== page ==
"1. In recent months we have held discussions with all the political parties in Northern Ireland with a view to restoring the political institutions and building on the peace and prosperity which have flowed from the Good Friday Agreement.

2. When we last met, we noted the historic progress represented by the IRA statement of July 2005.

We are convinced that the IRA no longer represents a terrorist threat.

By any standards, that is a momentous stage in the history of Northern Ireland.

On that basis, we have made it clear that all parties should engage in political dialogue.

We have also made it clear that all parties should support the police as the most effective way of addressing continuing concerns about criminality.

3. We cannot force anyone to enter the political institutions.

Every part of the political process over the past eight years has been voluntary.

What we can do is to set out what we believe to be a practical framework and a reasonable timescale for moving forward.

While we are conscious of the view that further confidence needs to be established, we also know that time alone is not enough:

trust will not build itself in the absence of positive engagement by all parties.

Everyone in Northern Ireland is aware of the dangers of a political vacuum.

4. The Assembly will therefore be recalled on 15 May.

Recognising that it has not sat for nearly four years, it seems sensible to give the Assembly a short period in which to prepare for government as envisaged by paragraph 35 of Strand One of the Good Friday Agreement.

The Assembly's primary responsibility would be to elect a First and Deputy First Minister as soon as possible, to allocate Ministerial posts under the d'Hondt formula and to make other preparations for Government within Northern Ireland and in the North/South and East/West fields.

5. As soon as the Assembly elects a First and Deputy First Minister on a cross-community basis and forms an Executive, power will automatically be devolved to the Assembly, as happened in December 1999, and all its functions will be resumed.

At that point the British Government's power to suspend the Assembly will lapse for good.

6. If, despite best efforts, the Assembly is not able to elect a First and Deputy First Minister on a cross-community basis within the normal six week period, we would be prepared to allow a further period of 12 weeks after the summer recess in which to form an Executive and we would expect it to do so at the earliest opportunity within this timeframe.

7. We are also conscious that all parties have made proposals for the better functioning of the institutions and that discussion on these issues has not yet concluded.

It would be open to the parties to continue these discussions with each other and with the Governments, as appropriate, so that consideration could be given to proposals for the implementation of the Agreement, including changes to Strands 1 to 3 in the context of a commitment by all involved to participate in a power-sharing Executive.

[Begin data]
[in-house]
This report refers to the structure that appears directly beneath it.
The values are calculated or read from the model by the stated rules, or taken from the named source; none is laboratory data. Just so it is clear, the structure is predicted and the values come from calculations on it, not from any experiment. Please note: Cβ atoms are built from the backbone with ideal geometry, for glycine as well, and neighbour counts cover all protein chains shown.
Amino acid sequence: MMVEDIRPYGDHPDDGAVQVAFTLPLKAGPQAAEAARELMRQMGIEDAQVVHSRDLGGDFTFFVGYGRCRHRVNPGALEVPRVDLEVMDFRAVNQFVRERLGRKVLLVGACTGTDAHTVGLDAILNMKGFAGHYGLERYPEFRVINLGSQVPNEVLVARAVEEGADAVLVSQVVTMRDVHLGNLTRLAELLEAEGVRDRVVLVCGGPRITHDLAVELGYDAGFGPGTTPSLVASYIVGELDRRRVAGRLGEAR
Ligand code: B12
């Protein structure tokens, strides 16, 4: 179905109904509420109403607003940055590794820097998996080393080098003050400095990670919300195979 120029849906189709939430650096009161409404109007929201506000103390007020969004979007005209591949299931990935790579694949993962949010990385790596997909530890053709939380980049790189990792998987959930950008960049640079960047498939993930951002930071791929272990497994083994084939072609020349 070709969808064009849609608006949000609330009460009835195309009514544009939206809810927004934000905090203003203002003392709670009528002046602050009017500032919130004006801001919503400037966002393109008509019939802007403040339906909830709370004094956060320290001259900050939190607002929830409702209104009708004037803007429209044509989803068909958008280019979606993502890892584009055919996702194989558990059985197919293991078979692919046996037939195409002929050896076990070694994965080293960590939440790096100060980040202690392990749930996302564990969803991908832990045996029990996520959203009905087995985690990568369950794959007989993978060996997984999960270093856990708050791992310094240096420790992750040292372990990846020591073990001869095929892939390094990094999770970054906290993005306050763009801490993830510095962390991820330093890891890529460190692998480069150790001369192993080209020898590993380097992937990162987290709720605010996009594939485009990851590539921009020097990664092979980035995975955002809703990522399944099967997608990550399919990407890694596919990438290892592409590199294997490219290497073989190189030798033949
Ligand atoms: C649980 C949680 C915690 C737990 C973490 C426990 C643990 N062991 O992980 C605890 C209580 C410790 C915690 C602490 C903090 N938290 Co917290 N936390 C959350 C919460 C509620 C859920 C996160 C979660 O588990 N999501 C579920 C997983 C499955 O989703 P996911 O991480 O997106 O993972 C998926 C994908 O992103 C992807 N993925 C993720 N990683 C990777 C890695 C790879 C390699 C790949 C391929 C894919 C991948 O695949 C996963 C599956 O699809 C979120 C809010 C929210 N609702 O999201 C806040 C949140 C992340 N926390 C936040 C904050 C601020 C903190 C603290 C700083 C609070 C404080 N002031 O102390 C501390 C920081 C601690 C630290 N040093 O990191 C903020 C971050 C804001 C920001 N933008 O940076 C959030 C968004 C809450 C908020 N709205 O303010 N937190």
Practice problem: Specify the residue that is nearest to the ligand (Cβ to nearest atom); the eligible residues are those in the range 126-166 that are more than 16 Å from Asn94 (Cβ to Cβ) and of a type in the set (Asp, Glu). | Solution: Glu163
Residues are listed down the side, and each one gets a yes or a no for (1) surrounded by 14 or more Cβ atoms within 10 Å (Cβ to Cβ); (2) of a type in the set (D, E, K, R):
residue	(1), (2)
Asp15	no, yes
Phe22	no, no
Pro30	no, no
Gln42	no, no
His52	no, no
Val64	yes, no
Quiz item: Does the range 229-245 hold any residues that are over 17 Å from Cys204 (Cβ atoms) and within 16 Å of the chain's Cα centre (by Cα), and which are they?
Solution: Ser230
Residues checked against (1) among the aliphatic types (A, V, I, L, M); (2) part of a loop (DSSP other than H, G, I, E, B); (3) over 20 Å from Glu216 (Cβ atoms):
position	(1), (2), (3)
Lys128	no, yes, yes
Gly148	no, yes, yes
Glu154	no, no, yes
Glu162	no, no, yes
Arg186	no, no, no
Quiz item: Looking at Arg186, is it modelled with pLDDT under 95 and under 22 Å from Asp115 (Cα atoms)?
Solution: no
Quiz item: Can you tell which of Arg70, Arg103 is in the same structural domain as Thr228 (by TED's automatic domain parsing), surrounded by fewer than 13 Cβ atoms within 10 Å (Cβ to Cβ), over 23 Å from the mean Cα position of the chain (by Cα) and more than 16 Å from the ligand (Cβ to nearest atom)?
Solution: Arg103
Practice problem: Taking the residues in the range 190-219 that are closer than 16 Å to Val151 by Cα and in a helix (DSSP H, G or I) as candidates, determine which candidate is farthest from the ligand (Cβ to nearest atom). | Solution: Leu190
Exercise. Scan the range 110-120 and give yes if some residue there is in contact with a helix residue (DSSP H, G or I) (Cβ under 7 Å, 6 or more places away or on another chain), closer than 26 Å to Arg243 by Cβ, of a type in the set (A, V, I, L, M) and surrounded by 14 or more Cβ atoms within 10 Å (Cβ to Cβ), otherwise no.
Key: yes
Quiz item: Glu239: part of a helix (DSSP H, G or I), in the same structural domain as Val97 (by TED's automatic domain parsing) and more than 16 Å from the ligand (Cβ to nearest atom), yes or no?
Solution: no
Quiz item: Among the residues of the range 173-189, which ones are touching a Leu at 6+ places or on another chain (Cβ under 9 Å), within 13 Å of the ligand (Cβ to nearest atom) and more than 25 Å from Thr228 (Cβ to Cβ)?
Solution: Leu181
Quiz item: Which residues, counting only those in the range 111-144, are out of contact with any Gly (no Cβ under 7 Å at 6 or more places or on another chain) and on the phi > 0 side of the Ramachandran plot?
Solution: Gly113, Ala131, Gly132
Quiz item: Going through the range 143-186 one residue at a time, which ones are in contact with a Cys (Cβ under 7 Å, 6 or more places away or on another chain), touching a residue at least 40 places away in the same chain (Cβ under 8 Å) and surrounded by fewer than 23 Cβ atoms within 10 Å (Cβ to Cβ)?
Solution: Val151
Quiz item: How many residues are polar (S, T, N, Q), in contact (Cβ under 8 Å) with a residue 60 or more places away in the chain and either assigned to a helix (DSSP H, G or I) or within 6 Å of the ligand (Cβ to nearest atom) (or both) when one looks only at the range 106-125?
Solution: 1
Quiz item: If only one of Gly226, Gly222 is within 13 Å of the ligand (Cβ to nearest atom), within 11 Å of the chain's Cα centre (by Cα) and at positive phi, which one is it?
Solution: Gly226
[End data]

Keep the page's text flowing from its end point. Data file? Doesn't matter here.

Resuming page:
8. It would of course also be open to the Assembly to prepare for Government by considering issues which the Executive will have to deal with, such as future economic strategy, water rates, public administration and education.

Ministers would naturally take account of views which command cross-community support within the Assembly.

9. While it is reasonable to give the Assembly a little more time, there must be a clear limit.

We said in January that a power-sharing Executive must be formed this year.

If by 24 November the Assembly has failed to achieve this, we do not believe that any purpose would be served by a further election at that point or a few months later in May 2007.

We do not think that the people of Northern Ireland should be asked to participate in elections to a deadlocked Assembly.

There would be no choice but to cancel salaries and allowances for MLAs and to defer restoration of

the Assembly and Executive until there is a clear political willingness to exercise devolved power.

The Governments would, of course, stand ready to facilitate full restoration when all parties indicate such willingness.

10. If restoration of the Assembly and Executive has to be deferred, the Governments agree that this will have immediate implications for their joint stewardship of the process.

We are beginning detailed work on British-Irish partnership arrangements that will be necessary in these circumstances to ensure that the Good Friday Agreement, which is the indispensable framework for relations on and between these islands, is actively developed across its structures and functions.

This work will be shaped by the commitment of both Governments to a step-change in advancing North-South co-operation and action for the benefit of all.

11. The British Government will introduce emergency legislation to facilitate this way forward.

It will set out clearly the limited timescale available to the Assembly to reach agreement.

In parallel with the recalling of the Assembly, we will engage intensively with the parties to establish the trust necessary to allow the institutions not only to function but to flourish.

There is a great deal of work to be done.

The Governments will do all in their power to restore the institutions and return devolved Government to those elected by the people of Northern Ireland.

But the final decisions are for the parties.

We hope they will seize the opportunity to move forward."